AAHI awarded a $9.9 million project to develop prototype intranasal bivalent influenza RNA vaccine candidate
The Access to Advanced Health Institute (AAHI) announced today that it has been awarded a project agreement worth up to $9.9 million through the Medical CBRN Defense Consortium (MCDC) Other Transaction Authority (OTA) to develop a prototype intranasal bivalent influenza RNA vaccine candidate based on AAHI's self-amplifying RNA (saRNA) platform that targets both pandemic A(H5N1) and A(H7N9) influenza virus pathogens.
This prototype project was awarded on behalf of the U.S. Department of Defense's (DoD) Joint Program Executive Office for Chemical, Biological, Radiological and Nuclear Defense (JPEO-CBRND) and the Biomedical Advanced Research and Development Authority (BARDA), part of the Administration for Strategic Preparedness and Response within the U.S. Department of Health and Human Services.
AAHI's innovative RNA platform, which delivers saRNA bound to the exterior of a nanostructured lipid carrier (NLC), entered first-in-human clinical trials in May 2022 with Phase 1/2 clinical trials of the "AAHI-SC2" COVID-19 vaccine candidate (NCT05370040).
Respiratory viruses such as SARS-CoV-2 and influenza virus remain unique biological threats. Global health and domestic military readiness require effective vaccines that can be easily administered and are rapidly adaptable to emerging threats. Current mRNA vaccines against COVID-19 reduce severe illness and hospitalization, but they require boosters to maintain protection, are not always effective against viral variants, and do not effectively curtail viral transmission. Although influenza vaccines have been available for almost a century, three influenza pandemics have occurred since the 1918 H1N1 pandemic, of which the most recent 2009 pandemic claimed hundreds of thousands of lives worldwide in the first year.
This work with JPEO-CBRND and BARDA will build on AAHI's initial research and development, partially BARDA-funded, of an intranasal pandemic influenza RNA vaccine candidate in liquid and dry powder presentations. Intranasal vaccine administration could reduce or eliminate the use of needles by the ease of self-administration, potentially increasing vaccine uptake, and by driving key mucosal immune responses not typically induced by needle-administered vaccines.
Preclinical studies supporting the feasibility of AAHI's intranasal RNA vaccine showed that AAHI's saRNA vaccine construct against COVID-19 induced robust lung-resident T-cell immunity, coupled with strong systemic immunity. These results were presented on November 8, 2022, at the 10th International mRNA Health Conference in Boston. The findings demonstrated that AAHI's intranasal COVID-19 RNA vaccine provides an immune stimulatory combination that is key for robust protection and may also help significantly limit viral transmission.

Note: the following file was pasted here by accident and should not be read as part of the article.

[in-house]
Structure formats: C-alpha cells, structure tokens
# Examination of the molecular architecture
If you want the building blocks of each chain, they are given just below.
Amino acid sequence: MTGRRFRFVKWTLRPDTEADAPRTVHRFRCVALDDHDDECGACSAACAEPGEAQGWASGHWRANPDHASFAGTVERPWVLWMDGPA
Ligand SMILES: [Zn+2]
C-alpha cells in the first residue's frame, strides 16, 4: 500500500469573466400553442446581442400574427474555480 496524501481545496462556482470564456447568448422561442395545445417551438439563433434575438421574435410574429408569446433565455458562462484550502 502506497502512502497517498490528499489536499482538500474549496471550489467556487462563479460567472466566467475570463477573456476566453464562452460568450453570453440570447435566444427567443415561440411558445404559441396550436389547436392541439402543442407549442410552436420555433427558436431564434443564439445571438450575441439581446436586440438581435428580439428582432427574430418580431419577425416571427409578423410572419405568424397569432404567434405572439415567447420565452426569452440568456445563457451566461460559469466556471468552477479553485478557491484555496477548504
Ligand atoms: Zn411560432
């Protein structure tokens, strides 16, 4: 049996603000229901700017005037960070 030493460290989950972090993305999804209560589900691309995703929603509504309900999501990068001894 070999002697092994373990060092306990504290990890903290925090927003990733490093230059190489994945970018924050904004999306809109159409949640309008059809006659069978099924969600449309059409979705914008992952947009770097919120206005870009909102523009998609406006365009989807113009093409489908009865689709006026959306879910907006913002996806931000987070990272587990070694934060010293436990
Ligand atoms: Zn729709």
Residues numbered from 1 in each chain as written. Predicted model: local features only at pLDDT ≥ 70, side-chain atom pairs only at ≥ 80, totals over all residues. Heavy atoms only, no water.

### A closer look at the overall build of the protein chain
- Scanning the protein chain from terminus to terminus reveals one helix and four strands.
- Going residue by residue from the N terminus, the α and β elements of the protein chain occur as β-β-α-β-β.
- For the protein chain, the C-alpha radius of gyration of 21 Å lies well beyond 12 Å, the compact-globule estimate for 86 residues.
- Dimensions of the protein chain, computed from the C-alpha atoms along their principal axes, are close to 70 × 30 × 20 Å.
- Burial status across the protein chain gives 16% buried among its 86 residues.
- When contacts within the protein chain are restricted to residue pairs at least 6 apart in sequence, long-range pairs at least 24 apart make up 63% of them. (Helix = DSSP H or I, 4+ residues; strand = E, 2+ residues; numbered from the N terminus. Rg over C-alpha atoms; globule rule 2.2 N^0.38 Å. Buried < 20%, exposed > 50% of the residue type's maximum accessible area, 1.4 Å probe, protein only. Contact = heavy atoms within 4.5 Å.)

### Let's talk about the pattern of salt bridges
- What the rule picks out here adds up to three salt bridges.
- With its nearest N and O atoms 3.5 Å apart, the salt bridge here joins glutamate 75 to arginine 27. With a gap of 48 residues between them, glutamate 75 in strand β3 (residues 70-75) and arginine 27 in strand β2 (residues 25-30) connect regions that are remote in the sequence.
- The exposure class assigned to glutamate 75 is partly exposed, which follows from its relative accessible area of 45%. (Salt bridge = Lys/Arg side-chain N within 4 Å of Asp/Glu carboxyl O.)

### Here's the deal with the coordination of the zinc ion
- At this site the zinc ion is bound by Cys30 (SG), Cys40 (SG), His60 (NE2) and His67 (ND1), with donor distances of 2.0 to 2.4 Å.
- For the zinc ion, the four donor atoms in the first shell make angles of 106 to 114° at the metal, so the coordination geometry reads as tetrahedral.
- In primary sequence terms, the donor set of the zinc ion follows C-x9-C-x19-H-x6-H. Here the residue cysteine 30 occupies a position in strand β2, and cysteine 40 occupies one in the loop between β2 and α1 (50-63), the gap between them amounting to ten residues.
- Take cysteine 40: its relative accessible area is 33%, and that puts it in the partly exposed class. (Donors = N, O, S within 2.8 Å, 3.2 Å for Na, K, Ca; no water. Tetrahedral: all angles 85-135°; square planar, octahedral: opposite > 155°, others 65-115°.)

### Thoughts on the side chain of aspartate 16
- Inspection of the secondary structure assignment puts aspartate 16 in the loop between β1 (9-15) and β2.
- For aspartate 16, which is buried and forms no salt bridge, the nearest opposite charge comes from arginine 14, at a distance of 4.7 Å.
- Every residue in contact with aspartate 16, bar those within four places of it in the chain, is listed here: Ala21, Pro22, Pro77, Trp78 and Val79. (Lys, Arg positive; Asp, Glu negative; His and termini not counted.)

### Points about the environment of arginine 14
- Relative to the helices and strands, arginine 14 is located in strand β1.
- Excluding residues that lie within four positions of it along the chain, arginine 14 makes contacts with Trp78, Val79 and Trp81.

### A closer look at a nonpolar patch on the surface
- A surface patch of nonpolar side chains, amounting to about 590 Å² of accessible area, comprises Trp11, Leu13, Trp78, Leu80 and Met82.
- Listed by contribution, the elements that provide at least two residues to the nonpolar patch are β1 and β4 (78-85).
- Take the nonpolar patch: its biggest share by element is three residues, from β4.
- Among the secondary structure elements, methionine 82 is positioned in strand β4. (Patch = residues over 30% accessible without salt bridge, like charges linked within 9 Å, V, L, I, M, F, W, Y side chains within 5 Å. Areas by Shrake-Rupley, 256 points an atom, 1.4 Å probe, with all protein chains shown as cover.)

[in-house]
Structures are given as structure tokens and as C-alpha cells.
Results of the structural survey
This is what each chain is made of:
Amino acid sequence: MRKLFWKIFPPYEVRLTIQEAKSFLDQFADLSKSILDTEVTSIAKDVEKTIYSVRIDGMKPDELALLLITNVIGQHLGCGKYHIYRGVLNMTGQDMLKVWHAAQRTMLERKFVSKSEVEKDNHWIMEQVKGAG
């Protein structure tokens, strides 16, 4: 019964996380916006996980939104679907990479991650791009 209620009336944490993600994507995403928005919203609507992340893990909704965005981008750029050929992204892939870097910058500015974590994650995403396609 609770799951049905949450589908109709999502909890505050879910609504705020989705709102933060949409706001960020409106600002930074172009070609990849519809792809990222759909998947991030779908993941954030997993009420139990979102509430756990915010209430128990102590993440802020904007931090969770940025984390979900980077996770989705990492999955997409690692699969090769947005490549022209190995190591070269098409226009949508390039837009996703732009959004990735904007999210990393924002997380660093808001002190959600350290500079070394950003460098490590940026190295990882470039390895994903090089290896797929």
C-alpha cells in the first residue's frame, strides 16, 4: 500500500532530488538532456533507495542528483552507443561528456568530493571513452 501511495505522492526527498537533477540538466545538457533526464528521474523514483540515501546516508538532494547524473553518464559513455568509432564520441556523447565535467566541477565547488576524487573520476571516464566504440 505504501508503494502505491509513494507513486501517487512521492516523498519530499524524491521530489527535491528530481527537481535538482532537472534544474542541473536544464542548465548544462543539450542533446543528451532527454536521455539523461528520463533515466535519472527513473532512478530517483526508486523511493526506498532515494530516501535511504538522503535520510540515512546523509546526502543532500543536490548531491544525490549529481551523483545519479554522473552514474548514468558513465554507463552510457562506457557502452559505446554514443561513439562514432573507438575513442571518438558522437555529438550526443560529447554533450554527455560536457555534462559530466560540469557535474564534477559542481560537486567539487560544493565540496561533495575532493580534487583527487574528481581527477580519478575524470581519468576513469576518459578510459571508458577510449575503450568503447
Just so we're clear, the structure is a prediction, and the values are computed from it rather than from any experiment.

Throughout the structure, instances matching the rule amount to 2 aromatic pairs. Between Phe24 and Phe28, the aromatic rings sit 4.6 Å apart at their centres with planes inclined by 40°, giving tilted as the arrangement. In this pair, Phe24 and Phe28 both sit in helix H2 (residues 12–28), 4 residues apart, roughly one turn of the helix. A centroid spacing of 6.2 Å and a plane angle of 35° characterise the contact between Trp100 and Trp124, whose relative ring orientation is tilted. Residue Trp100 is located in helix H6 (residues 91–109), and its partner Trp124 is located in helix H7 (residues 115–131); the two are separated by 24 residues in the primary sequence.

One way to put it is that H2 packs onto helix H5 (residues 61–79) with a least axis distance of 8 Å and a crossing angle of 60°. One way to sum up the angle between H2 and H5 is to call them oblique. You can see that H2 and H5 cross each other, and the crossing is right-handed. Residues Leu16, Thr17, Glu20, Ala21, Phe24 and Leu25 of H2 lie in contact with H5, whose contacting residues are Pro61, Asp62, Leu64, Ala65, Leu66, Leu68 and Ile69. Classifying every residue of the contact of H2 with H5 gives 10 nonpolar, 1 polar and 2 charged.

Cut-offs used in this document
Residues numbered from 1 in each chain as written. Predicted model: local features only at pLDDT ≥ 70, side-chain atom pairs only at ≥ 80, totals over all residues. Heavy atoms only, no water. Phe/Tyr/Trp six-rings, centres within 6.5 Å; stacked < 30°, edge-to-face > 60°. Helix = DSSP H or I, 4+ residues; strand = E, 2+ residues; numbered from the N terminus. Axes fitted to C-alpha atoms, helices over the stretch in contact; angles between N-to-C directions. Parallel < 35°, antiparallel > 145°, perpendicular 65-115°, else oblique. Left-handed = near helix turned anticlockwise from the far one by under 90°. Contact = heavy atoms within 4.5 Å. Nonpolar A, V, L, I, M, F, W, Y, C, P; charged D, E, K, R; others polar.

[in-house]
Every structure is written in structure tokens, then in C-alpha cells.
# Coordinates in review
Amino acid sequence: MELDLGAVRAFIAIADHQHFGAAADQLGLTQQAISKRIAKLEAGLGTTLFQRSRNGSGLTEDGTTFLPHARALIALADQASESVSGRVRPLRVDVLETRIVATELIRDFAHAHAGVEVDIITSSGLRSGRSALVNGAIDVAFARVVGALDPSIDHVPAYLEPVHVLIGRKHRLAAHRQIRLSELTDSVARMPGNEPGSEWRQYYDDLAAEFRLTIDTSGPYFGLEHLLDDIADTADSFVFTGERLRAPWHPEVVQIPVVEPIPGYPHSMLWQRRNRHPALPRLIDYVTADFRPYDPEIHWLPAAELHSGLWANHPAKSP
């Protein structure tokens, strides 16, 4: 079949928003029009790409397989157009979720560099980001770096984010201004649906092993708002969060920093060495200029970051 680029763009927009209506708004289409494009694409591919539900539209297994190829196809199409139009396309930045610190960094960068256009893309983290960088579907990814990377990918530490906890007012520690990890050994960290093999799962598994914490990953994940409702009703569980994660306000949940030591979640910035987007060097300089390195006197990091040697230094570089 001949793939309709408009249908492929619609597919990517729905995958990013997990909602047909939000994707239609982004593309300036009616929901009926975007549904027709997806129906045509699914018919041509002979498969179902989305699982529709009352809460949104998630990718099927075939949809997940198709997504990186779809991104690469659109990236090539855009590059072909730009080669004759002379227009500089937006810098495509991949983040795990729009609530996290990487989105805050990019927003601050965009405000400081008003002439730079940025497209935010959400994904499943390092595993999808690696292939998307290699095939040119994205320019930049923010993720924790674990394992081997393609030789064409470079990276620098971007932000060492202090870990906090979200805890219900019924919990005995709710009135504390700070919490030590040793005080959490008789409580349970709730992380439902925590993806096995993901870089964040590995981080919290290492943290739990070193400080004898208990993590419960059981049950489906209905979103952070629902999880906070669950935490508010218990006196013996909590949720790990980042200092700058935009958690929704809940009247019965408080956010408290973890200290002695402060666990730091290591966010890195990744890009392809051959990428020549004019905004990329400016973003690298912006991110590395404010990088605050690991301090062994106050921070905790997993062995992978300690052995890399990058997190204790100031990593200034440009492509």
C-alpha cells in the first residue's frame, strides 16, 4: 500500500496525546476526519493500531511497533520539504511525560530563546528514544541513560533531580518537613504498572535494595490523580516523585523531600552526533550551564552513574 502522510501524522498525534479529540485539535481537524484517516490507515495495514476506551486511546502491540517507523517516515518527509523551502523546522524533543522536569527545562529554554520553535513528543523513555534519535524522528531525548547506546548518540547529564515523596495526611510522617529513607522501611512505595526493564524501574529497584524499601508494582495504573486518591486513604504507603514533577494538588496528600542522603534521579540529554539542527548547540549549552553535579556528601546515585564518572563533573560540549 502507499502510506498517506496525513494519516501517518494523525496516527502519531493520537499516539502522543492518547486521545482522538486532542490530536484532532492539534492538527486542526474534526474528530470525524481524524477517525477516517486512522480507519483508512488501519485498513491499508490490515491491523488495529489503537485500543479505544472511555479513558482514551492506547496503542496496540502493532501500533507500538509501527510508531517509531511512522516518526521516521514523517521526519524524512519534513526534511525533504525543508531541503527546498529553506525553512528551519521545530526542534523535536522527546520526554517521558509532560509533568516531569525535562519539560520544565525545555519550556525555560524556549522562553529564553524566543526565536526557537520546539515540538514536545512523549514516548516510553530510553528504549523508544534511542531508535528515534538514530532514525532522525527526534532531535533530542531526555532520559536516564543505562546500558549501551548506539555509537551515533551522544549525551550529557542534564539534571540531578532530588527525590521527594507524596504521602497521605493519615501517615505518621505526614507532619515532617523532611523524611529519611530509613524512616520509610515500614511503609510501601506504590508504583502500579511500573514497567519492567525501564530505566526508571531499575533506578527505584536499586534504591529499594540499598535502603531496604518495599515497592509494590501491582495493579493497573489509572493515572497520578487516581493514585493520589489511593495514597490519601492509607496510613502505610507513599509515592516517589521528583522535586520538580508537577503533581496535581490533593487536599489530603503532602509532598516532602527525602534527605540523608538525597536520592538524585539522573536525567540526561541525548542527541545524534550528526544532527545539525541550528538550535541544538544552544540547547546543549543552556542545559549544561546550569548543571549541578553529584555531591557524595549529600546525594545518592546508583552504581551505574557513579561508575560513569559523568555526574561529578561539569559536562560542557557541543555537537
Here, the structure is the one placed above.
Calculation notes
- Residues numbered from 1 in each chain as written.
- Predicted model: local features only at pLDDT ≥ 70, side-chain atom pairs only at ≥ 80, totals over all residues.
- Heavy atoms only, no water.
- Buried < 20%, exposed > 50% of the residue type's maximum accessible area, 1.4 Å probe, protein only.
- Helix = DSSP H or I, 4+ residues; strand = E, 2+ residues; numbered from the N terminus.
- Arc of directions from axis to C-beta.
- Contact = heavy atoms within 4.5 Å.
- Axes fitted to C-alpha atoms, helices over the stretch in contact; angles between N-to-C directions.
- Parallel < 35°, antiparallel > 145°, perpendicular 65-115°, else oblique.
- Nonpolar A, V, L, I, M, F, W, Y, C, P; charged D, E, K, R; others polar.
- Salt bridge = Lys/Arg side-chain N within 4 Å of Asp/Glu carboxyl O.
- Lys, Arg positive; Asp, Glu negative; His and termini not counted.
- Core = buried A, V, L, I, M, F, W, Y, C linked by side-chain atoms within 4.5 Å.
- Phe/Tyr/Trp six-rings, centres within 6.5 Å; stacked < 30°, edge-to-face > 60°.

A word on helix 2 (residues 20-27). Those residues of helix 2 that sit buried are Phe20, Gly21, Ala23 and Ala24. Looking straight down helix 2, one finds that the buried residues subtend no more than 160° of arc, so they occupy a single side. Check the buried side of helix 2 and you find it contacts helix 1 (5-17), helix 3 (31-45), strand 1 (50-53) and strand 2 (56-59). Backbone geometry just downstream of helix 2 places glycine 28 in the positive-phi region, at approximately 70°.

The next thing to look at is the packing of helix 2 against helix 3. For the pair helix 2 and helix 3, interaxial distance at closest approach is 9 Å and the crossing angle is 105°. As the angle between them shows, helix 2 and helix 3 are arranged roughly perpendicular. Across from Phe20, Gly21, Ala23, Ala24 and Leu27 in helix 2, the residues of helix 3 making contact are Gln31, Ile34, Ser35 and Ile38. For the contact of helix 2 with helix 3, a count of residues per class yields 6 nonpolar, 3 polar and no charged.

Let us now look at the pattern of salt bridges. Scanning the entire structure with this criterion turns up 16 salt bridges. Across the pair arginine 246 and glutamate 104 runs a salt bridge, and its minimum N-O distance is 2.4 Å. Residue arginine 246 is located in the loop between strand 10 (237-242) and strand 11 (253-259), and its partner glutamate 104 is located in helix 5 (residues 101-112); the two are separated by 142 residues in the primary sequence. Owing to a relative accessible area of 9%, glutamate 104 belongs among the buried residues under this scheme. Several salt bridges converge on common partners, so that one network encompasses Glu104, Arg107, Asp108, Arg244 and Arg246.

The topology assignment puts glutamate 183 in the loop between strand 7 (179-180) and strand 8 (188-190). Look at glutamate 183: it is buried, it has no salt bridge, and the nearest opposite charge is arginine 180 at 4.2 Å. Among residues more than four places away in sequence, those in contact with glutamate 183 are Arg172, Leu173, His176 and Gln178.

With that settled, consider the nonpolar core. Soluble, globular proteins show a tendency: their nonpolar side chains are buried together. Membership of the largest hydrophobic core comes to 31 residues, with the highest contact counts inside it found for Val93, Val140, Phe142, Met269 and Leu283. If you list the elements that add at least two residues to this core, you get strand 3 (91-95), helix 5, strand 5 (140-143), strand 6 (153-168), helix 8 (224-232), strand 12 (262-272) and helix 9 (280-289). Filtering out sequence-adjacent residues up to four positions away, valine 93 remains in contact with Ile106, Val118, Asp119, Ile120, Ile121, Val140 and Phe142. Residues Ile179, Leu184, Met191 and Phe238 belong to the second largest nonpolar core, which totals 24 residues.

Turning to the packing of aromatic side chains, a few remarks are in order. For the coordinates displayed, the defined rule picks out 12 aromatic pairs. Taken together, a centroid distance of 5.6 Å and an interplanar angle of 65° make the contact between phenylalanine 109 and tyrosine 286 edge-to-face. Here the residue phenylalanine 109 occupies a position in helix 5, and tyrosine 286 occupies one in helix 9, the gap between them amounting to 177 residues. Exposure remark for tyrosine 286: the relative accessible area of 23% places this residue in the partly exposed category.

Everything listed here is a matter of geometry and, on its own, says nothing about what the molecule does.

Stimulating robust systemic and mucosal immunity with rapid-response RNA vaccine technology would be a game-changer for pandemic preparedness. Our preliminary data show great promise in preclinical models but have a long way to go to demonstrate effectiveness in humans. This prototype project is designed to bridge that gap quickly and effectively."
Emily Voigt, PhD, Principal Scientist, AAHI RNA Platform Lead, and Principal Investigator for the award
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AAHI's saRNA platform supports development of vaccines that not only promise to provide robust, broad, and durable protection against infectious diseases but also can be distributed rapidly worldwide, without requiring deep cold chain or other complex infrastructure. The demonstrated stability of AAHI's vaccine technologies for months at room temperature, combined with simplified manufacturing requirements, supports self-reliance and sustainability in low-resource areas by simplifying the supply chain logistics required to produce, transport, store, and distribute vaccines.
The 40-month project may culminate in a prototype bivalent vaccine candidate that is effective against both the H5N1 and H7N9 strains of influenza. AAHI plans to expand on this work to develop more efficient and equitably accessible RNA vaccines that can reach people in all areas of the world, regardless of geography or socio-economic status.
This project is supported in whole or in part with federal funds from the U.S. Department of Health and Human Services, Administration for Strategic Preparedness and Response, BARDA, and the DoD JPEO-CBRND's Chemical and Biological Defense Program (CBDP) under OTA #W15QKN-16-9-1002.
Effort sponsored by the U.S. Government under Other Transaction number W15QKN-16-9-1002 between the MCDC, and the Government. The US Government is authorized to reproduce and distribute reprints for Governmental purposes, notwithstanding any copyright notation thereon.
The views and conclusions contained herein are those of the authors and should not be interpreted as necessarily representing the official policies or endorsements, either expressed or implied, of the U.S. government.
Access to Advanced Health Institute
Posted in: Drug Discovery & Pharmaceuticals | Disease/Infection News
Tags: Cancer, Cell, Cold, Cold chain, covid-19, Global Health, H1N1, H5N1, Health and Human Services, Immune System, immunity, Infectious Diseases, Influenza, Manufacturing, Pandemic, Preclinical, Research, Respiratory, RNA, SARS, SARS-CoV-2, T-Cell, Technology, Vaccine, Virus
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